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442 Should we really abandon minimally invasive surgery in early-stage cervical cancer? oncological results of laparoscopically assisted radical vaginal hysterectomy
  1. Ariel Gustavo Glickman1,
  2. Jaume Pahisa1,
  3. Blanca Gil Ibanez2,
  4. Berta Diaz-Feijoo1,
  5. Pere Fusté1,
  6. Núria Carreras3,
  7. Núria Agustí3,
  8. Lydia Gaba3,
  9. Marta Del Pino4 and
  10. Aureli Torne1
  1. 1Hospital Clínic Barcelona; Gynaecological Oncology Unit
  2. 2Gynecological Oncology and Endoscopy Unit. Gynecology and Obstetrics Department. University Hospital 12 de Octubre. Madrid. Spain. Research Institute I+12. University Hospital 12 de Octubre. Madrid
  3. 3Hospital Clínic Barcelona
  4. 4Hospital Clínic; Hospital Clínic Barcelona; Gynaecology


Introduction/Background Recent evidence indicates that some minimally invasive surgery (MIS) approaches, such as laparoscopic- and robotic-assisted radical hysterectomy, offer lower survival rates to patients with early-stage cervical cancer compared with open radical hysterectomy. We evaluated the oncological results of a different MIS approach, that of laparoscopically assisted radical vaginal hysterectomy (LARVH) in the treatment of patients with early-stage cervical cancer.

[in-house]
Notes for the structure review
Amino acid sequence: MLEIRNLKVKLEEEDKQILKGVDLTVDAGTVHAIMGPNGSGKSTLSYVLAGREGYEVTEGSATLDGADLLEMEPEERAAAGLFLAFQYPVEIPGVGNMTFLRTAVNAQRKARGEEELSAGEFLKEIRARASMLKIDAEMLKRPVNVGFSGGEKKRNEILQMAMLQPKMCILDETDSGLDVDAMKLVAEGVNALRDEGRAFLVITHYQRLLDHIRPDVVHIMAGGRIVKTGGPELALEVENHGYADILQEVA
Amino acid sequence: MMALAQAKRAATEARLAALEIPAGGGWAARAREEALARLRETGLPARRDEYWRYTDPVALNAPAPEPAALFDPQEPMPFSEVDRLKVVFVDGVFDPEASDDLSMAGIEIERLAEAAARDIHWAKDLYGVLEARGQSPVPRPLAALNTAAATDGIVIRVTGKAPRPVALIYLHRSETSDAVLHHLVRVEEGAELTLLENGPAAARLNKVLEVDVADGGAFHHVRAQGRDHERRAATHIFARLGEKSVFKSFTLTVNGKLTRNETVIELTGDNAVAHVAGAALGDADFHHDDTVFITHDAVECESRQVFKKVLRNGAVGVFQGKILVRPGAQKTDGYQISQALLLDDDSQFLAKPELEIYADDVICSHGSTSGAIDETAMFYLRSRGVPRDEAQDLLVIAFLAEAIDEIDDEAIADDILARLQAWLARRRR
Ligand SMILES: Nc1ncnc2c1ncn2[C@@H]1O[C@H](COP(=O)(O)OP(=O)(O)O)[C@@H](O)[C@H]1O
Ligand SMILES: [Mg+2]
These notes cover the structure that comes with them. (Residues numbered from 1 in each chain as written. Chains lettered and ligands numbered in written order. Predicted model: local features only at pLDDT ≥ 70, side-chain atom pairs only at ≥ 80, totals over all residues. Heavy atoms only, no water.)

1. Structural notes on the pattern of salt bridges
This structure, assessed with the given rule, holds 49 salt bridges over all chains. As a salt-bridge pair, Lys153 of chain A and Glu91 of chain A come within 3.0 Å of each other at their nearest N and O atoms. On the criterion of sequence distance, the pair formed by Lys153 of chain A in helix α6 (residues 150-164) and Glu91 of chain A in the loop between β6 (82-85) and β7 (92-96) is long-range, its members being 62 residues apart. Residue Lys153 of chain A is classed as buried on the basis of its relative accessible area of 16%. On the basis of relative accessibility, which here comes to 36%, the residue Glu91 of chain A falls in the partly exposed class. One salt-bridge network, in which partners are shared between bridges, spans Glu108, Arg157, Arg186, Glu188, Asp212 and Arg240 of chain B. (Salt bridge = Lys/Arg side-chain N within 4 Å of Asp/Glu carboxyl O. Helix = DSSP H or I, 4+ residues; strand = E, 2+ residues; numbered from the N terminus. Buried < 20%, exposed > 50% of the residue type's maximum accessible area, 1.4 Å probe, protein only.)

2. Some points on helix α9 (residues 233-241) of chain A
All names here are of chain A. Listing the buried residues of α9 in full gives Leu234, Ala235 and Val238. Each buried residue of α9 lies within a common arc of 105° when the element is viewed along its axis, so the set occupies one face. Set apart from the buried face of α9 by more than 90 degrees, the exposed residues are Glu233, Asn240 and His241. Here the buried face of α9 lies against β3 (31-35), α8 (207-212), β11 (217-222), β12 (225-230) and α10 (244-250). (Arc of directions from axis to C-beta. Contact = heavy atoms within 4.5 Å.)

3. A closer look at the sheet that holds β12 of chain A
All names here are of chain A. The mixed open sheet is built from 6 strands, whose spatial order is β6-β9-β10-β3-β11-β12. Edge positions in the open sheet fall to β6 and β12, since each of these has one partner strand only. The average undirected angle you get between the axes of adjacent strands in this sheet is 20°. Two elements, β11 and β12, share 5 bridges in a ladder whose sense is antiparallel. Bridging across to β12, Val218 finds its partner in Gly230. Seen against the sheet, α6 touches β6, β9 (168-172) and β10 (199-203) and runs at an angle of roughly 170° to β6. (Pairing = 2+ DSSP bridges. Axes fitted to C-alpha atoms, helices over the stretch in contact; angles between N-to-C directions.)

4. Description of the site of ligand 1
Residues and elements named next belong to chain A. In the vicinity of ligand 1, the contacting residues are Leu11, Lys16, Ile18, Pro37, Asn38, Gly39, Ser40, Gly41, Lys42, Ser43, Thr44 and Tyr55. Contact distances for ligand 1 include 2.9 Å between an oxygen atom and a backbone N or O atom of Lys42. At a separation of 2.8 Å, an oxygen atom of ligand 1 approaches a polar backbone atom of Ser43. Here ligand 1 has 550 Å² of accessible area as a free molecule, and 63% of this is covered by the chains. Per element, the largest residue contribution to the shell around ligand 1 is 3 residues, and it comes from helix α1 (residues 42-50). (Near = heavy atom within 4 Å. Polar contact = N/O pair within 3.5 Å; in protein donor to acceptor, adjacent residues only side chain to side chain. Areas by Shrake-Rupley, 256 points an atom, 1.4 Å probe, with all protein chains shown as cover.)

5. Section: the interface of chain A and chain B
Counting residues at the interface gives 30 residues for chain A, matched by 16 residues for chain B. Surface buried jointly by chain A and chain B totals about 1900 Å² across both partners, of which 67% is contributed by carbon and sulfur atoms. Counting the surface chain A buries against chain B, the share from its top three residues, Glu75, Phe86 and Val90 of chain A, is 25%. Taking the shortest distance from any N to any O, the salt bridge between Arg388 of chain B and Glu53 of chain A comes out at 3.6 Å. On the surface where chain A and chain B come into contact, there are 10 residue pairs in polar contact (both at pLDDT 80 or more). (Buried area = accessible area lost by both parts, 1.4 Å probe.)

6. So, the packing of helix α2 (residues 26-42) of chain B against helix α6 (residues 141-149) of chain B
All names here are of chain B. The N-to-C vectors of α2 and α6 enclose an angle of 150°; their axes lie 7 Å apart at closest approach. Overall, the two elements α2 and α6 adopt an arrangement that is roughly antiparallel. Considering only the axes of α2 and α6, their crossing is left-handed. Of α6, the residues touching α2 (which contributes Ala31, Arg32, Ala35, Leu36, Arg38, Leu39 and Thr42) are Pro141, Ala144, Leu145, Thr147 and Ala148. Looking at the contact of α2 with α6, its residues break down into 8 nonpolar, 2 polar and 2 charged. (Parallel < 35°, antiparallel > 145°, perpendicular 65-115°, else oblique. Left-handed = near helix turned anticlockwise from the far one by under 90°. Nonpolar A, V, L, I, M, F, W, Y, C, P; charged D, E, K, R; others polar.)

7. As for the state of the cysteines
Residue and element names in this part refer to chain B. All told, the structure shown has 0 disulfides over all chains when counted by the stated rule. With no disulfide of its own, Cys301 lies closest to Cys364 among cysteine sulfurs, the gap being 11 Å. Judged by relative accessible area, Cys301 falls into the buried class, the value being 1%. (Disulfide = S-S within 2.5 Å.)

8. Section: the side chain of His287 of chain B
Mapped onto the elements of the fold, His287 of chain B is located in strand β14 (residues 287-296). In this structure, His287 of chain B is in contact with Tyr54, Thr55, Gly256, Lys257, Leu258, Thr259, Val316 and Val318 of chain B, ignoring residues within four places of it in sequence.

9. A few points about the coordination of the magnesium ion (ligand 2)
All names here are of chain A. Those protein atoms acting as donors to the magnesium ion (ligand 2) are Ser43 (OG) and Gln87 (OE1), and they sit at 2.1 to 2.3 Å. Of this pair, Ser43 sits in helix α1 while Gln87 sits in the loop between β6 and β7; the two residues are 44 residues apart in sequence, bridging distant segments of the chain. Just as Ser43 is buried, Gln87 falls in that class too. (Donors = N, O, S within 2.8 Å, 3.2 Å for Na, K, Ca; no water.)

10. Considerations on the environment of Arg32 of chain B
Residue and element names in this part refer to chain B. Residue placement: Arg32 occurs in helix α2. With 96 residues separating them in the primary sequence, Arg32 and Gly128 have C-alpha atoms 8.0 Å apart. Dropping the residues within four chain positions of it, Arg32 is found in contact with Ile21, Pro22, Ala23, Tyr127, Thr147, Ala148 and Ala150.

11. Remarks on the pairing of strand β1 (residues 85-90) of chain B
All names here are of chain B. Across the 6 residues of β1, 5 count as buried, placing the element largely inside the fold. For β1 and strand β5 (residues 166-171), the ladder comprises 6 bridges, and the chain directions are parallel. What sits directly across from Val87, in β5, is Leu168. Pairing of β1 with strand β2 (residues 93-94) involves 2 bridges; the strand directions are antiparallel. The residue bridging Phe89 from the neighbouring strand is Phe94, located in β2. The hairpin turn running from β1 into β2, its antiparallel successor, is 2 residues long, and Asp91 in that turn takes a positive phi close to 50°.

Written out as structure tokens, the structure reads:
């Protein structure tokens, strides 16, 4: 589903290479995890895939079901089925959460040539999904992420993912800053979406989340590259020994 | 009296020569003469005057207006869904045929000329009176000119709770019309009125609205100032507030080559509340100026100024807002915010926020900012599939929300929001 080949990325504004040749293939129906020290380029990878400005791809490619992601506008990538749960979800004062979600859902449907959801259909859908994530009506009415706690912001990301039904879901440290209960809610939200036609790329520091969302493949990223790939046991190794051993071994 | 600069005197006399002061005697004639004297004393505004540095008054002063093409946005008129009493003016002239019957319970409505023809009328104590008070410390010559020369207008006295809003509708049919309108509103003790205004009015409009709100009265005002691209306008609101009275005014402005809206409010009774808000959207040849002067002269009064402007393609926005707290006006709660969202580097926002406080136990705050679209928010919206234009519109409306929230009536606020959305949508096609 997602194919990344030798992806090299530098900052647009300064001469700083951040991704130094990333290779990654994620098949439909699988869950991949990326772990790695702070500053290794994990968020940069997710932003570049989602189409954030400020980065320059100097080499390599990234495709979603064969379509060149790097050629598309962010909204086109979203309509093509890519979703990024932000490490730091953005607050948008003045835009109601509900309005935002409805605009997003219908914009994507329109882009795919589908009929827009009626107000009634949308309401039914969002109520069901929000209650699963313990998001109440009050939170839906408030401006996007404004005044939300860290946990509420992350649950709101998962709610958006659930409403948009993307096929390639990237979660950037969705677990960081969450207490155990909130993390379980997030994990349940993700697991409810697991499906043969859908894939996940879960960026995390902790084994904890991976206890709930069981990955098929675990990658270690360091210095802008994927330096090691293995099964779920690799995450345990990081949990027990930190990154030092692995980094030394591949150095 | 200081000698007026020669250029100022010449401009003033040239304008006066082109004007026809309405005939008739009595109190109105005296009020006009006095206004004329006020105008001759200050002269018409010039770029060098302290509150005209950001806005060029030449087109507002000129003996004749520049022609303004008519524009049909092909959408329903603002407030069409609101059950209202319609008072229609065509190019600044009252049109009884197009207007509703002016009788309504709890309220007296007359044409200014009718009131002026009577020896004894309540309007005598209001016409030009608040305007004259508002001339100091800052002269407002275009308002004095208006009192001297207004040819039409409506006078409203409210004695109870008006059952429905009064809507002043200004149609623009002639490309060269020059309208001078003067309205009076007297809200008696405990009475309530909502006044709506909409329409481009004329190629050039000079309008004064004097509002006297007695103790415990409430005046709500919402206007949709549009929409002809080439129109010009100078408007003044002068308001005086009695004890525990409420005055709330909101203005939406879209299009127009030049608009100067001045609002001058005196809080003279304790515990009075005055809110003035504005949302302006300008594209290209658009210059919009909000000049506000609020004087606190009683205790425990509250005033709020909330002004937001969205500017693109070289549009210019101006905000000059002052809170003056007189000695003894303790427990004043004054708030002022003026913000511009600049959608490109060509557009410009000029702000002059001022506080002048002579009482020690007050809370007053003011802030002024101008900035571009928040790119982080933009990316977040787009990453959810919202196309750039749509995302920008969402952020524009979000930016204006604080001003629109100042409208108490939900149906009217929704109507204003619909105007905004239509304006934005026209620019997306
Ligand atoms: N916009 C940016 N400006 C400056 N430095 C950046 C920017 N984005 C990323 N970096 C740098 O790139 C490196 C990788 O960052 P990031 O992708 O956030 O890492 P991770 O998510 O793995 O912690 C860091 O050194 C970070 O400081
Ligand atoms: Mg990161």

Methodology From January 2001 to December 2018, patients with early-stage cervical cancer (IA1 with lymphovascular invasion, IA2, IB1, and IIA < 2 cm; FIGO 2009) were treated by LARVH. Colpotomy and initial closure of the vagina were performed following the Schauta procedure, avoiding manipulation of the tumor. Laparoscopic sentinel lymph node (SLN) biopsy was performed in all cases. Women treated between 2001 and 2011 also underwent systematic bilateral pelvic lymphadenectomy after SLN biopsy. Adjuvant radiotherapy or chemo-radiotherapy was administered according to standard guidelines.

Results One hundred fifteen patients were included. Intraoperative complications occurred in nine patients (7.8%). Adjuvant radiotherapy or chemoradiotherapy was administered to 35 (30.4%) and three (2.6%) patients, respectively. After a median follow-up of 87.8 months (range 1–216), seven women (6%) presented recurrence (three pelvic and two paraaortic recurrences, and two had distant metastases). Four women died (mortality rate 3.4%). The three and 4.5-year disease-free survival rates were 96.7% and 93.5%, respectively, and the overall survival was 97.8% and 94.8%, respectively.

Conclusion LARVH offers excellent disease-free and overall survival in women with early stage cervical cancer and can be considered as an adequate MIS alternative to open radical hysterectomy.

Disclosures No disclosures to declare.

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